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Newspaper Page Text
' ' THE BLUE WALLET
By Doris Ada Matteson
(Copyright by W. G. Chapman.)
Tom Stibbs was-just setting the
last of a sixteen-sheetposter in place
on Sign 21 of the Universal Adver
tising Syndicate when the ladder un
der him shook. He looked down
"Hello, there!" he shouted. "What
are you about?"
A man had come rushing around
the corner at a high rate of speed.
As be turned it he glanced backward.
Tis caused a stumble. His hat fell
off J1 The next moment he was up the
ladder. He was a nimble, quick-acting
.individual for like an acrobat he
pulled himself up alongside of the bill
poster. Then he grabbed the long
flaring paste brush from his hand and
gave him a blow directly under the
cfiin. Tom Stibbs went headlong to
the inside edge of the sidewalk. He
uttered a groan and lapsed into in-
Almost immediately two police of
ficers came dashing around the cor
ner. They glared ahead, but the ob
ject of their pursuit had vanished.
"Where's he got to?" panted one
of the officers.
"Bless me if I know!" retorted the
other. "Must have slipped Into some
"No aha!" ejaculated his compan
ion and he stopped and picked up the
tell-tale hat Then he glanced up at
the sign and ladder set against it
There the bill poster substitute was
industriously wielding the paste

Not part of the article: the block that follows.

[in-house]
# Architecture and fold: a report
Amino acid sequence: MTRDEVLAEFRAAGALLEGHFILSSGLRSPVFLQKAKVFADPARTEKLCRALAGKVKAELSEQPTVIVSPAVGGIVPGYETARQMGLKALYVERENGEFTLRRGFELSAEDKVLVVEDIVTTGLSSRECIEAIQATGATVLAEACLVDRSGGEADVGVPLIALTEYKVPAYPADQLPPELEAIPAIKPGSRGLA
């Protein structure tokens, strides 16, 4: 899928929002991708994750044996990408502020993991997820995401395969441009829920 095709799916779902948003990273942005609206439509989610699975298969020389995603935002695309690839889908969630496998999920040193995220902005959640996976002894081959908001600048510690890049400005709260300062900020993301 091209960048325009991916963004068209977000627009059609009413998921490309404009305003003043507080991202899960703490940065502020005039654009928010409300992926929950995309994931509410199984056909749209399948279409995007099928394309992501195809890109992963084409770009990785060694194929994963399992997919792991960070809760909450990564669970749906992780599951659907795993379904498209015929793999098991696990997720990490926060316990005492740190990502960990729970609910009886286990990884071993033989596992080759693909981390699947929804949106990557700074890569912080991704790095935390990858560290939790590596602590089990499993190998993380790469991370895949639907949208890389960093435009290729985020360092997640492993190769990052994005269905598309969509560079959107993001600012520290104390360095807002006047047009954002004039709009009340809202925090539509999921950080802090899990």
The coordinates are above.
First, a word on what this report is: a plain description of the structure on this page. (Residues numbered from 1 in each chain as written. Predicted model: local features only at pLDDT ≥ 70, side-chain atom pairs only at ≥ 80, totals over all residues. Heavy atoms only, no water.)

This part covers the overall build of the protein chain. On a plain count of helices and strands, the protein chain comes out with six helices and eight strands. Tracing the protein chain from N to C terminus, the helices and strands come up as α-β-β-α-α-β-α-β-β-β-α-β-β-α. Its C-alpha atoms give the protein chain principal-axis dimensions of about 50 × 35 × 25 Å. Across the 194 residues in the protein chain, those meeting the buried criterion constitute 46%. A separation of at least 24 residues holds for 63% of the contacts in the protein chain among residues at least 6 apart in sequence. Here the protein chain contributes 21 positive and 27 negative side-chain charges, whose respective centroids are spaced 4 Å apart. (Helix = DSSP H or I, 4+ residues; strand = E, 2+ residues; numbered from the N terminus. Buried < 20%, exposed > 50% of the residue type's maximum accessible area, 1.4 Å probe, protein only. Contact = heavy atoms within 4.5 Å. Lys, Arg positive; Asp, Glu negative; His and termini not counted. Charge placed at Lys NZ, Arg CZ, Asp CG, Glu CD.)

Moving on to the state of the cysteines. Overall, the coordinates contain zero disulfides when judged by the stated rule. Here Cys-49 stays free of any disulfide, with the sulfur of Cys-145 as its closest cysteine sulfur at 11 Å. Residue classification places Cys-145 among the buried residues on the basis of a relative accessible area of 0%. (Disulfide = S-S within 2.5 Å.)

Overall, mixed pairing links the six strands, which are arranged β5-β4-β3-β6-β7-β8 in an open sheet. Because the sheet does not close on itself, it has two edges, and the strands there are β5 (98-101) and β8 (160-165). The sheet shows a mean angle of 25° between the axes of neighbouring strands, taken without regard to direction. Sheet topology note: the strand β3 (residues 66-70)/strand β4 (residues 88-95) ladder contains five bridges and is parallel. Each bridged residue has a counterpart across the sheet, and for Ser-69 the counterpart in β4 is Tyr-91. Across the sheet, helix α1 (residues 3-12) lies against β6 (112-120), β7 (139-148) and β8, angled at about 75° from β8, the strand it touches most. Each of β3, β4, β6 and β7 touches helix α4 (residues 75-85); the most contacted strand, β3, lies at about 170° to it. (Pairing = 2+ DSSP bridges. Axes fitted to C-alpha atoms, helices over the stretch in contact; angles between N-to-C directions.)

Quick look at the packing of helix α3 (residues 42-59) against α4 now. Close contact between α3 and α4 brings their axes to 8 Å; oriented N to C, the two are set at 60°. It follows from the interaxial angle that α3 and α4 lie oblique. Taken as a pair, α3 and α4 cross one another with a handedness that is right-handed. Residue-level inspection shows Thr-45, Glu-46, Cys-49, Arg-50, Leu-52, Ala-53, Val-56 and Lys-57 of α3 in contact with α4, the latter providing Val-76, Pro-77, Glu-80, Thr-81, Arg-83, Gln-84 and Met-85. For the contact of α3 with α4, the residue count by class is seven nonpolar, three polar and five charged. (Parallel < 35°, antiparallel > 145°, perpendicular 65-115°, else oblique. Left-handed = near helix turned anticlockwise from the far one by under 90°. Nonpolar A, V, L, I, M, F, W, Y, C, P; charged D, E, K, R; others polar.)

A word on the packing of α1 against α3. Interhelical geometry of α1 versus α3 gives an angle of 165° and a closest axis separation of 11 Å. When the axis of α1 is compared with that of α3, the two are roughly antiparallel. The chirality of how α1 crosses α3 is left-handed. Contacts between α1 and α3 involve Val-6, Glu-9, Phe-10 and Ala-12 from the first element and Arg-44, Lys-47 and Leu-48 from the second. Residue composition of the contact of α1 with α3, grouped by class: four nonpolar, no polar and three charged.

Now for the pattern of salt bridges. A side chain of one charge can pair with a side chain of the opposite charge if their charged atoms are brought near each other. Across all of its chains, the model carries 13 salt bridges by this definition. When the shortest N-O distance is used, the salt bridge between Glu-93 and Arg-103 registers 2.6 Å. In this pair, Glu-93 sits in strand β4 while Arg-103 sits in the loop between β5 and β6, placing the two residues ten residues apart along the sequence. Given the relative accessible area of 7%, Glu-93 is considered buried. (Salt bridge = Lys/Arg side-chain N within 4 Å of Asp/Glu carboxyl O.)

"That'll do, my hearty!" sang out
the officer, drawing a weapon. "A
clever trick that, but we've got you.
Come down and give up your booty
and arrange for a good long term, for
youve grabbed something worth
while this time."
But the man on the ladder had no
thought of giving in so readily. He
,jContinue4-to manipulate the brush f or
a moment or two. Suddenly he
whirled about. Bang! went the
brush, directly into the face of one
of his' captors. Splash! the contents
of the pail deluged the other. Trust
ing to their momentary discomfiture
the thief, for such he was, sprang to
the ground from the ladder and start
ed down the street
"Halt or I fire!'1 rang out from one
of the officers.
The speeding fugitive disdained to
The officer did fire. The fleeing
man threw up his arms, whirled about
The Fleeing Man Threw Up His Arms
and' went down like a clod. The offi
cers ran up to the spot-where lie lay.
"Done for," reported one of them
soberly "shbt directly through the
"Where's his plunder?"
They searched, but in vain. Then
one of them summoned a patrol
wagon, A crowd gathered but dis-